Film Review


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The Perfect Family

Kathleen Turner as Eileen in Anne Renton’s The Perfect Family. [Photo: Variance Films]

The Perfect Family 1 out of 4

star1-0

Having the far from goody-goody Kathleen Turner play a holier-than-thou mother bent on winning a devout church title is an inherently hilarious premise. But instead of playing off of the camp possibilities of that bit of unbelievable casting, as John Waters did in Serial Mom, director Anne Renton turns The Perfect Family into an anodyne tale of family-centered acceptance that's neither comical when it wants to be nor touching when it strivers for pathos.

Eileen (Turner) has her work cut out for her in the running to win the Catholic Woman of the Year Award: Her daughter has just officially come out as a pregnant lesbian, her son has been hitting the bottle after getting divorced, and her alcoholic husband is about to leave her. It thus becomes a full-time job having to craft an image of perfection to mask the dysfunction within. While we all know, through cinema (from Ingmar Bergman to Todd Solondz) or our own life experiences, that the perfect family is really the fucked-up family in really convincing "perfect family" drag, the film thinks it's saying something new. There's talk of lesbian "lifestyles," mothers running away in horror at a gay kiss, and overtly spelled-out lines like "What is it about my life that you find so reprehensible?" That's when Turner isn't walking into a lesbian apartment for the first time, turning up her nose at the books she finds inside it (The Butch Cook Book, even though both lesbians here are immaculately lipstick). It all feels very dull and anachronistically naïve.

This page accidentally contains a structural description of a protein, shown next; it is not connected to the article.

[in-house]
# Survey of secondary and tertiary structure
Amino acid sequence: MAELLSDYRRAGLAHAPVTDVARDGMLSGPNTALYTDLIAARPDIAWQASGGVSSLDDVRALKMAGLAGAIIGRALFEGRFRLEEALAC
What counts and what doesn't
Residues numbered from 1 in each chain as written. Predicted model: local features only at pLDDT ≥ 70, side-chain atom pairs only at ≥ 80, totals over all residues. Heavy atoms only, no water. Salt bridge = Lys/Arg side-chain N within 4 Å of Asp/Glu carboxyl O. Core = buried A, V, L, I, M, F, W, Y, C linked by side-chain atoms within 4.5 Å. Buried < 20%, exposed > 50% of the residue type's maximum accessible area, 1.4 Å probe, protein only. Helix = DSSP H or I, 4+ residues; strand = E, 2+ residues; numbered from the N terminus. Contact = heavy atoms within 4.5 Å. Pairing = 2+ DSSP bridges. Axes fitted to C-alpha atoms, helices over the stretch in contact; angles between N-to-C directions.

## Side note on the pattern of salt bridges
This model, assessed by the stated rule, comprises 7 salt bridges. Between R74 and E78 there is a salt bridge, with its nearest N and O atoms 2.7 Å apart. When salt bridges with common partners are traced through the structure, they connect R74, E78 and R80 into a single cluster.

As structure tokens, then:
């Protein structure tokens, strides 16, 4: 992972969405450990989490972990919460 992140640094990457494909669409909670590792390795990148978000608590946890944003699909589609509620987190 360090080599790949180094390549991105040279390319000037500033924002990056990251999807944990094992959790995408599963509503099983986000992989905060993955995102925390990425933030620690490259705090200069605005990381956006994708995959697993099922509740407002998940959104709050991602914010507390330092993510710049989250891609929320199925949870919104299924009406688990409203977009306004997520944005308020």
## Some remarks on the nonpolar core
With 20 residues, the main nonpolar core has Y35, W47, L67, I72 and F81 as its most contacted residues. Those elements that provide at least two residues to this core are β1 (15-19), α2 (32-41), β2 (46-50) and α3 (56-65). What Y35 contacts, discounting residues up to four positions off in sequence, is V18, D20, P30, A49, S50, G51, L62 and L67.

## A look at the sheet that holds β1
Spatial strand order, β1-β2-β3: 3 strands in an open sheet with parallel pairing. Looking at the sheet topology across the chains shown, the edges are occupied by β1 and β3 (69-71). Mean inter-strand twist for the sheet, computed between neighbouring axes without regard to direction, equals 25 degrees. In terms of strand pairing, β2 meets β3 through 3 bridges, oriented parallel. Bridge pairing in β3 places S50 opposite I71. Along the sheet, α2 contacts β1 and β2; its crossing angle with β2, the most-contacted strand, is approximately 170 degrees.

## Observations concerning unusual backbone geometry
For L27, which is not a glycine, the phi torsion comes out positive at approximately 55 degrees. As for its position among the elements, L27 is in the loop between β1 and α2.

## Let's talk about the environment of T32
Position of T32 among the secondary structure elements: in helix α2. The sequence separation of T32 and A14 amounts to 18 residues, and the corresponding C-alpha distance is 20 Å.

For one brief moment, in a relatively great scene when Eileen's husband (Michael McGrady) wants to leave her because she's just lied to a visiting bishop about their daughter being straight, there's a sense of gravitas to the film. Her resentment that no matter what alcohol-fueled drama her husband ever pulled she never once considered leaving him, and yet that's the first thing he does when he gets upset, feels rather believable. But we're quickly back to "humor-triggering lesbian situations and how sweet straight people are when they finally accept them" territory.

Director(s): Anne Renton Screenwriter(s): Paula Goldberg, Claire V. Riley Cast: Kathleen Turner, Emily Deschanel, Jason Ritter, Richard Chamberlain, Elizabeth Peña, Sharon Lawrence, Michael McGrady Distributor: Variance Films Runtime: 84 min Rating: NR Year: 2011

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